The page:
Christini BCD 104 Ultra Max Adapter Unleashes The Torque Monster On Your Trail / Snow Ebike

Wow, it’s been too long since I’ve written an article. I’ve been working like mad to try to stage and plant 5000 fruit and nut trees in just one year and have been grossly neglecting my faithful readers. So far I’ve gotten over 1000 trees in the ground and about 2500 trees staged, but I’ve been shoveling manure and wood chips pretty much non-stop to get to this point. In my infinite wisdom (and cheapness) I’ve decided to undertake this project without using a tractor (hey the Amish do it, I can too).

Last year I bought a Christini AWD Snowshoe 2XL fat bike to use exclusively in the winter (review here). I loved everything about this bike except the large oversized chainring in the front. Often when powering through a foot of deep snow I need the granniest of granny gears that the Ultra Max just can’t deliver with the larger 38T BCD 130 chainring. To make matters even worst the stock Ultra Max comes with a 44T steel chainring which in my opinion is completely unusable for trail riding and snow. The chainring adapter on the stock Bafang Ultra is also made of steel and is about three times as heavy as it needs to be. This article is about the custom Ultra Max BCD 104 adapter that Steve Christini from Christini Bicycles made at my urging that makes the Ultra Max a low gear, snow crawling monster that it was always meant to be. Christini Bicycles also makes a bunch of non-motorized AWD bicycles and has a BBSHD version of their AWD system which I tested about a year and a half ago.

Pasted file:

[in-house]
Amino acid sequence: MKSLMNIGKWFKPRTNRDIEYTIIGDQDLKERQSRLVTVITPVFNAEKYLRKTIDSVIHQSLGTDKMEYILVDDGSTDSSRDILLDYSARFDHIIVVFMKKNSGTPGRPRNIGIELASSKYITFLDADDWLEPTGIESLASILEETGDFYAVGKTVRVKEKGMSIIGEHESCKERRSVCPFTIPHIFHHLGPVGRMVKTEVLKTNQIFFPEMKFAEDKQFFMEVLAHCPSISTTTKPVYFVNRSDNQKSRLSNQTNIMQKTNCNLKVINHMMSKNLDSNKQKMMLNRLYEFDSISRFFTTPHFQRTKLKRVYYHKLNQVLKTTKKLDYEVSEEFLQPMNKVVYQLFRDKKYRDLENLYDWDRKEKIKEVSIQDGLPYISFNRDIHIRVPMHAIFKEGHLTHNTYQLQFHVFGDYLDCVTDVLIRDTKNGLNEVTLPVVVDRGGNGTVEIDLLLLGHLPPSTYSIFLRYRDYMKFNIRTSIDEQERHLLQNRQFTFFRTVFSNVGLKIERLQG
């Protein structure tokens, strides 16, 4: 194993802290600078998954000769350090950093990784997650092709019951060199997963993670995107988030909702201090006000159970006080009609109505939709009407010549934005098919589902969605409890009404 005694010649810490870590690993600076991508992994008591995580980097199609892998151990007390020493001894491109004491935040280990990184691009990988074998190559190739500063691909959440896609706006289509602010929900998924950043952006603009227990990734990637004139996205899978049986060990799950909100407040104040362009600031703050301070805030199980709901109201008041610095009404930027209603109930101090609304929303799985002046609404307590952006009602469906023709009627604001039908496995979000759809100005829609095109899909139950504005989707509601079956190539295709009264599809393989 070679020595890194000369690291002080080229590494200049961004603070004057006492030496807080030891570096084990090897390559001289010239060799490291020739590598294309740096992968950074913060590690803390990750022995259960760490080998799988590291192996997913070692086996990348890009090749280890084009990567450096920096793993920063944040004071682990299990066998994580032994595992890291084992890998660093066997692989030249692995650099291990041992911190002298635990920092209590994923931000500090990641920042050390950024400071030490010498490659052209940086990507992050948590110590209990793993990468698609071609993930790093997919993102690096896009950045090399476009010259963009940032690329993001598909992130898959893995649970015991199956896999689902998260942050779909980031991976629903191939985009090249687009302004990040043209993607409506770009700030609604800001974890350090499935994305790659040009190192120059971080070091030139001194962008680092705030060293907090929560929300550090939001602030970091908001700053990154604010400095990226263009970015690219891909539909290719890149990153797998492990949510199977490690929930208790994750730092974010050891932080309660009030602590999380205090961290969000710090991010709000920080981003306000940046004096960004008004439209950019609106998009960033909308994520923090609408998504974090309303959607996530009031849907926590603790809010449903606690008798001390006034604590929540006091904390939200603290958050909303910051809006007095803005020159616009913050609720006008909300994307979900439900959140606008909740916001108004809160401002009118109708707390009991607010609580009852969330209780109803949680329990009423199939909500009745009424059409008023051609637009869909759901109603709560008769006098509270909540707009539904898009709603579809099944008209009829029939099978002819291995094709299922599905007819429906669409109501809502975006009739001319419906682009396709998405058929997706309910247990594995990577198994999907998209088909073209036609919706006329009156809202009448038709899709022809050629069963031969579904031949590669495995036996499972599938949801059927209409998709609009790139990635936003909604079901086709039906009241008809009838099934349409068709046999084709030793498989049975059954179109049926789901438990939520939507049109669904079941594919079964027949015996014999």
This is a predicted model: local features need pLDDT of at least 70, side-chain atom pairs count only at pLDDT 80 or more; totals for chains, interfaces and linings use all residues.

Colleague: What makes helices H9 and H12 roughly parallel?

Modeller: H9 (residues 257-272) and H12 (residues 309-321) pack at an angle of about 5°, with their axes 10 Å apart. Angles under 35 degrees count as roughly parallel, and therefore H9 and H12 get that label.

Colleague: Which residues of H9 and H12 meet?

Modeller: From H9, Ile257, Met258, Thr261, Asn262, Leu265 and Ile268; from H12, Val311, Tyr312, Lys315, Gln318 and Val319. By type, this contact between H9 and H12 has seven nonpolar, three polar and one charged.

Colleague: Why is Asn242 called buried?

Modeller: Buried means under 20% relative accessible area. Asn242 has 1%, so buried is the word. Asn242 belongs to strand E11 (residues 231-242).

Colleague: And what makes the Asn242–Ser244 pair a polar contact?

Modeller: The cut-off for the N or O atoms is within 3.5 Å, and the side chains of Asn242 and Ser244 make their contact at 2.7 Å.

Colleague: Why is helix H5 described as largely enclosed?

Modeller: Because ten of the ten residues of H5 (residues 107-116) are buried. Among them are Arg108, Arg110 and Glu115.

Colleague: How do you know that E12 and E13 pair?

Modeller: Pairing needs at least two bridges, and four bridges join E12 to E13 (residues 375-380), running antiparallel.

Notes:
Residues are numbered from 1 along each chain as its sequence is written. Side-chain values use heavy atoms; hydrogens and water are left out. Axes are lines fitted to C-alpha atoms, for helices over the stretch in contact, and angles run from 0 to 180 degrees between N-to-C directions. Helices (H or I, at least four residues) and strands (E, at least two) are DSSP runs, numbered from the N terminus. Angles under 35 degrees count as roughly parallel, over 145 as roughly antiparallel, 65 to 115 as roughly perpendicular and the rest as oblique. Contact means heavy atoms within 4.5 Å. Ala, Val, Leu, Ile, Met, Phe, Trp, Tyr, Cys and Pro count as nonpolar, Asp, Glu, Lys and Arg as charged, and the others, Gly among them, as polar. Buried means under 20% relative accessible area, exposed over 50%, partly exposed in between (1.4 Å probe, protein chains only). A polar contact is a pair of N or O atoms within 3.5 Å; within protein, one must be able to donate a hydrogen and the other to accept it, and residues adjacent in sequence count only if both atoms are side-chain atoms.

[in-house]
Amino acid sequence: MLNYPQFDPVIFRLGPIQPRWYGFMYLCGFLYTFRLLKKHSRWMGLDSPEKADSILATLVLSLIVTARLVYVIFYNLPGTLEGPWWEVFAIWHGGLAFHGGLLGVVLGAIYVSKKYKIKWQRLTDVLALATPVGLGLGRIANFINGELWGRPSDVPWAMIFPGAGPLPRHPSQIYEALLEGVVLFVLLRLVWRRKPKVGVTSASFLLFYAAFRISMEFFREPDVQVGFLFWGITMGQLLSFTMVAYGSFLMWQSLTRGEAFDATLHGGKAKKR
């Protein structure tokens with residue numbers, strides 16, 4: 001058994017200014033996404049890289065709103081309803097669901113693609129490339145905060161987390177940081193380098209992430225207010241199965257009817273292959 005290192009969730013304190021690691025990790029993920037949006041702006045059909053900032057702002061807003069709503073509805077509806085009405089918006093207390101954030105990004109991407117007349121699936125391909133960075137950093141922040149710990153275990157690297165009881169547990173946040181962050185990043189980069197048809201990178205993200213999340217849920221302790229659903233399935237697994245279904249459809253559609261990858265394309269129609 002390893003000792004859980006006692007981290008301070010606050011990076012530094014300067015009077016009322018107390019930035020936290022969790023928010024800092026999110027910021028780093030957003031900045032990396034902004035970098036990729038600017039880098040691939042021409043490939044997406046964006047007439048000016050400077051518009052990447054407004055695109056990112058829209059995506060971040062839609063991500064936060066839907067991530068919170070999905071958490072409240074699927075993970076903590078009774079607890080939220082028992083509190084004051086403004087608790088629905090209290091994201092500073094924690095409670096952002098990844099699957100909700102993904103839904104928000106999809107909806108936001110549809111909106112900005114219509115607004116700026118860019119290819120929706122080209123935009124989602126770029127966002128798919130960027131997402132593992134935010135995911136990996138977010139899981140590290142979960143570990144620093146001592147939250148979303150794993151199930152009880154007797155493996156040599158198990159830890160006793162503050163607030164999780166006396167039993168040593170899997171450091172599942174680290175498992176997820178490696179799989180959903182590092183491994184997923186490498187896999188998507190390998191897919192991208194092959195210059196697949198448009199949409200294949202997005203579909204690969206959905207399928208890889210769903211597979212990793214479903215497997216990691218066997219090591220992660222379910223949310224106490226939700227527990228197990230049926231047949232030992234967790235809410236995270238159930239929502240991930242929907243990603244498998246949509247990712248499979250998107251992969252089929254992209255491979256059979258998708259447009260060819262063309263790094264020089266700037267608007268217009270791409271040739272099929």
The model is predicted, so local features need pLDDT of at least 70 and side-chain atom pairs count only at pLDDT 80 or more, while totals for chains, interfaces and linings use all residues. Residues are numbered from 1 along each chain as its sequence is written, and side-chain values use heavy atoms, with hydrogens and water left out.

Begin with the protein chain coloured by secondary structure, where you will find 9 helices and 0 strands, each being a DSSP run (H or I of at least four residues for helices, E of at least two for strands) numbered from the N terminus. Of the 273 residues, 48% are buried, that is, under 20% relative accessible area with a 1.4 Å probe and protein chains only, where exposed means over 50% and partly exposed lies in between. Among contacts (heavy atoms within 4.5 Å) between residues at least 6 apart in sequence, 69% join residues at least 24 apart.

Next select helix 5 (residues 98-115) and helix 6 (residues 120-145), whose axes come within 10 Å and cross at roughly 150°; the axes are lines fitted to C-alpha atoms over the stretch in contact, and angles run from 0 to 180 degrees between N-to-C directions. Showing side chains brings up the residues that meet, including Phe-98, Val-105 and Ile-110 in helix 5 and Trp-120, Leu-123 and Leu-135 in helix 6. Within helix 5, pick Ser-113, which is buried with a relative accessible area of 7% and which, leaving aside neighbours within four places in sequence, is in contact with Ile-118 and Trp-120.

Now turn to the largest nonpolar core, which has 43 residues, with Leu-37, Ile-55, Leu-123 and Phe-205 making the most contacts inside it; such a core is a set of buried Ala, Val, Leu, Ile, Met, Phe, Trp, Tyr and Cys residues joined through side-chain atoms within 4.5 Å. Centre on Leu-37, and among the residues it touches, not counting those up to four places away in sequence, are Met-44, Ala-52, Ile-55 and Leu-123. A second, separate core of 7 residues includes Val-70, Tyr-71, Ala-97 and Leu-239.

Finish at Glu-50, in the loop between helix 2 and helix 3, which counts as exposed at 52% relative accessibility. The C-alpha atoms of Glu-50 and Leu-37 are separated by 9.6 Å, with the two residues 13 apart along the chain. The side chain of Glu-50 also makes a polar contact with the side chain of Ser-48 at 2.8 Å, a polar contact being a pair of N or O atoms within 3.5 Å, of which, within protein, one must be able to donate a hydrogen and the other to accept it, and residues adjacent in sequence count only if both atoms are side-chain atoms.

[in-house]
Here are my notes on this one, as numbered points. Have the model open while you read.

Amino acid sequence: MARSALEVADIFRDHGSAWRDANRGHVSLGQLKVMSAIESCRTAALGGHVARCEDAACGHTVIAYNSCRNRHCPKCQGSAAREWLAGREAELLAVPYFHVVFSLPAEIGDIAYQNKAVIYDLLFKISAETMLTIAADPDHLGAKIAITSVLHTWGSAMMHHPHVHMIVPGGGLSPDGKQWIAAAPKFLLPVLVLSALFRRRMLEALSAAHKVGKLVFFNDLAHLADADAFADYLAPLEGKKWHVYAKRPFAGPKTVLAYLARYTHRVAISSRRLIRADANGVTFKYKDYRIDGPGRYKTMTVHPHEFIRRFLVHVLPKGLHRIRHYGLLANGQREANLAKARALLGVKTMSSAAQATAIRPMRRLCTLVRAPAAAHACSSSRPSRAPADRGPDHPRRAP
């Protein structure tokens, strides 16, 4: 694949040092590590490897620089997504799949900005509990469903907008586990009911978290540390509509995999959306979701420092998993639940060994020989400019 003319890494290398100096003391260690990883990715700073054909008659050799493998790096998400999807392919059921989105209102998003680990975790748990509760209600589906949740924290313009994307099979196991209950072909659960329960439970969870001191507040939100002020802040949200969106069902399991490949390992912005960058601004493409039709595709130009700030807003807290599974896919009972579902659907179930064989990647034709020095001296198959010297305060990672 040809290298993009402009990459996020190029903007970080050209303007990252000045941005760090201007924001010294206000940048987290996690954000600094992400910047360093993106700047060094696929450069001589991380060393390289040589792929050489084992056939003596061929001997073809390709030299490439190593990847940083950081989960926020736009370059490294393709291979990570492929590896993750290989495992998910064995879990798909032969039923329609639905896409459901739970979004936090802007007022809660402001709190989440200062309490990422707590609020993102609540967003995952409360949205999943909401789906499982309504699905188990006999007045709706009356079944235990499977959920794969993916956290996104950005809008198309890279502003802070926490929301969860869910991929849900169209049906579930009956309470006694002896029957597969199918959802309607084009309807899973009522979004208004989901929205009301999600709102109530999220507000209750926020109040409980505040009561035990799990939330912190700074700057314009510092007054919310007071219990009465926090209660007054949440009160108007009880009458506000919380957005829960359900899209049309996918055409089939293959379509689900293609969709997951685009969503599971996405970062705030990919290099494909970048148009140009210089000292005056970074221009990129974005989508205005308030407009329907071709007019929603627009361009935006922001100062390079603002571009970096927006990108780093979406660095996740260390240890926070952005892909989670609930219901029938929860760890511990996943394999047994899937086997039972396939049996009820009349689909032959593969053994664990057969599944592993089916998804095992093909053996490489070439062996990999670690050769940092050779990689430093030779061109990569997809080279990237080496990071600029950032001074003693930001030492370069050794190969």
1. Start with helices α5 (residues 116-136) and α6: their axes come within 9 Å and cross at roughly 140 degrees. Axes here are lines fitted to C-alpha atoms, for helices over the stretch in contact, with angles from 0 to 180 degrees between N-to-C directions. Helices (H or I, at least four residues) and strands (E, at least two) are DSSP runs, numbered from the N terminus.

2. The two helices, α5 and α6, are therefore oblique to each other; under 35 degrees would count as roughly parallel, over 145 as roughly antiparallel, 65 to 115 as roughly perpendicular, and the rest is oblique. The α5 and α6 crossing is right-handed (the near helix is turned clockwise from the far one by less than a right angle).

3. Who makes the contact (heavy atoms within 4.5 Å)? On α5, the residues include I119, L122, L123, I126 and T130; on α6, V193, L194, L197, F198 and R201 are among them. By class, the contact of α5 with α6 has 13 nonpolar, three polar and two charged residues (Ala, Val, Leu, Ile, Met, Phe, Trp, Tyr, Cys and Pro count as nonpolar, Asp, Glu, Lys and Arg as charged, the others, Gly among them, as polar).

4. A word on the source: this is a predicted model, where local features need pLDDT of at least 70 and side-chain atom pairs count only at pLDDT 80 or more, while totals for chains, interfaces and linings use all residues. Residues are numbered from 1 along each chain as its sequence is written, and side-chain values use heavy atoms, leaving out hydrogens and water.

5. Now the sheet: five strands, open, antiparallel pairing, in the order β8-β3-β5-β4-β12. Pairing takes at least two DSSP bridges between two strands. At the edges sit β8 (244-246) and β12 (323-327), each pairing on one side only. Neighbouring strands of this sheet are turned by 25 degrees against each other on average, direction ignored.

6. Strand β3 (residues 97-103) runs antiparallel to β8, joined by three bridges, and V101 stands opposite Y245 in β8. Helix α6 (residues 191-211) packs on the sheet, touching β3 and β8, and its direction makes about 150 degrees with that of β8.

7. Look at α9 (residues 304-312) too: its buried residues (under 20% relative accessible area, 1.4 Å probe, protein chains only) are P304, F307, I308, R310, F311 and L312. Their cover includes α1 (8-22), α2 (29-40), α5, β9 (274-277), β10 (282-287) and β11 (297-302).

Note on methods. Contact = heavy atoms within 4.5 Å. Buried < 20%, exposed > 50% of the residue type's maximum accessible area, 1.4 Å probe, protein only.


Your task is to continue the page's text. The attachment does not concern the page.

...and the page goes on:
Here you can see how well the 32T chainring looks on my dirty snow bike

This chainring adapter works on any Bafang Ultra Max drive unit on the market. Getting the adapter off the Ultra Max is a little tricky. You need a Park Tool BBT-69.2 adapter (cheap on ebay) to get the main ring off the adapter, and it’s reverse threaded. I also found that my crankarm puller did not work well with the ISIS crankarms because the pin that pushes against the square cranks just goes into the larger threaded hole for the ISIS bolts. I found the right sized washer and shoved it in the hole then used my standard square crankarm puller and it worked fine.

These are the tools I used to install the chainring adapter, the bolt and ring on the right come with the Ultra Max

When mounting the Race Face chainring on the adapter it only works if the fancy all-logo side faces out. If you mount it the other way then the recessed chainring adapter bolt holes allow too much play and the chainring is a little loose. Expect to spend about 20 minutes swapping this chainring and adapter out.

The stock steel ring adapter is insanely heavy at 380g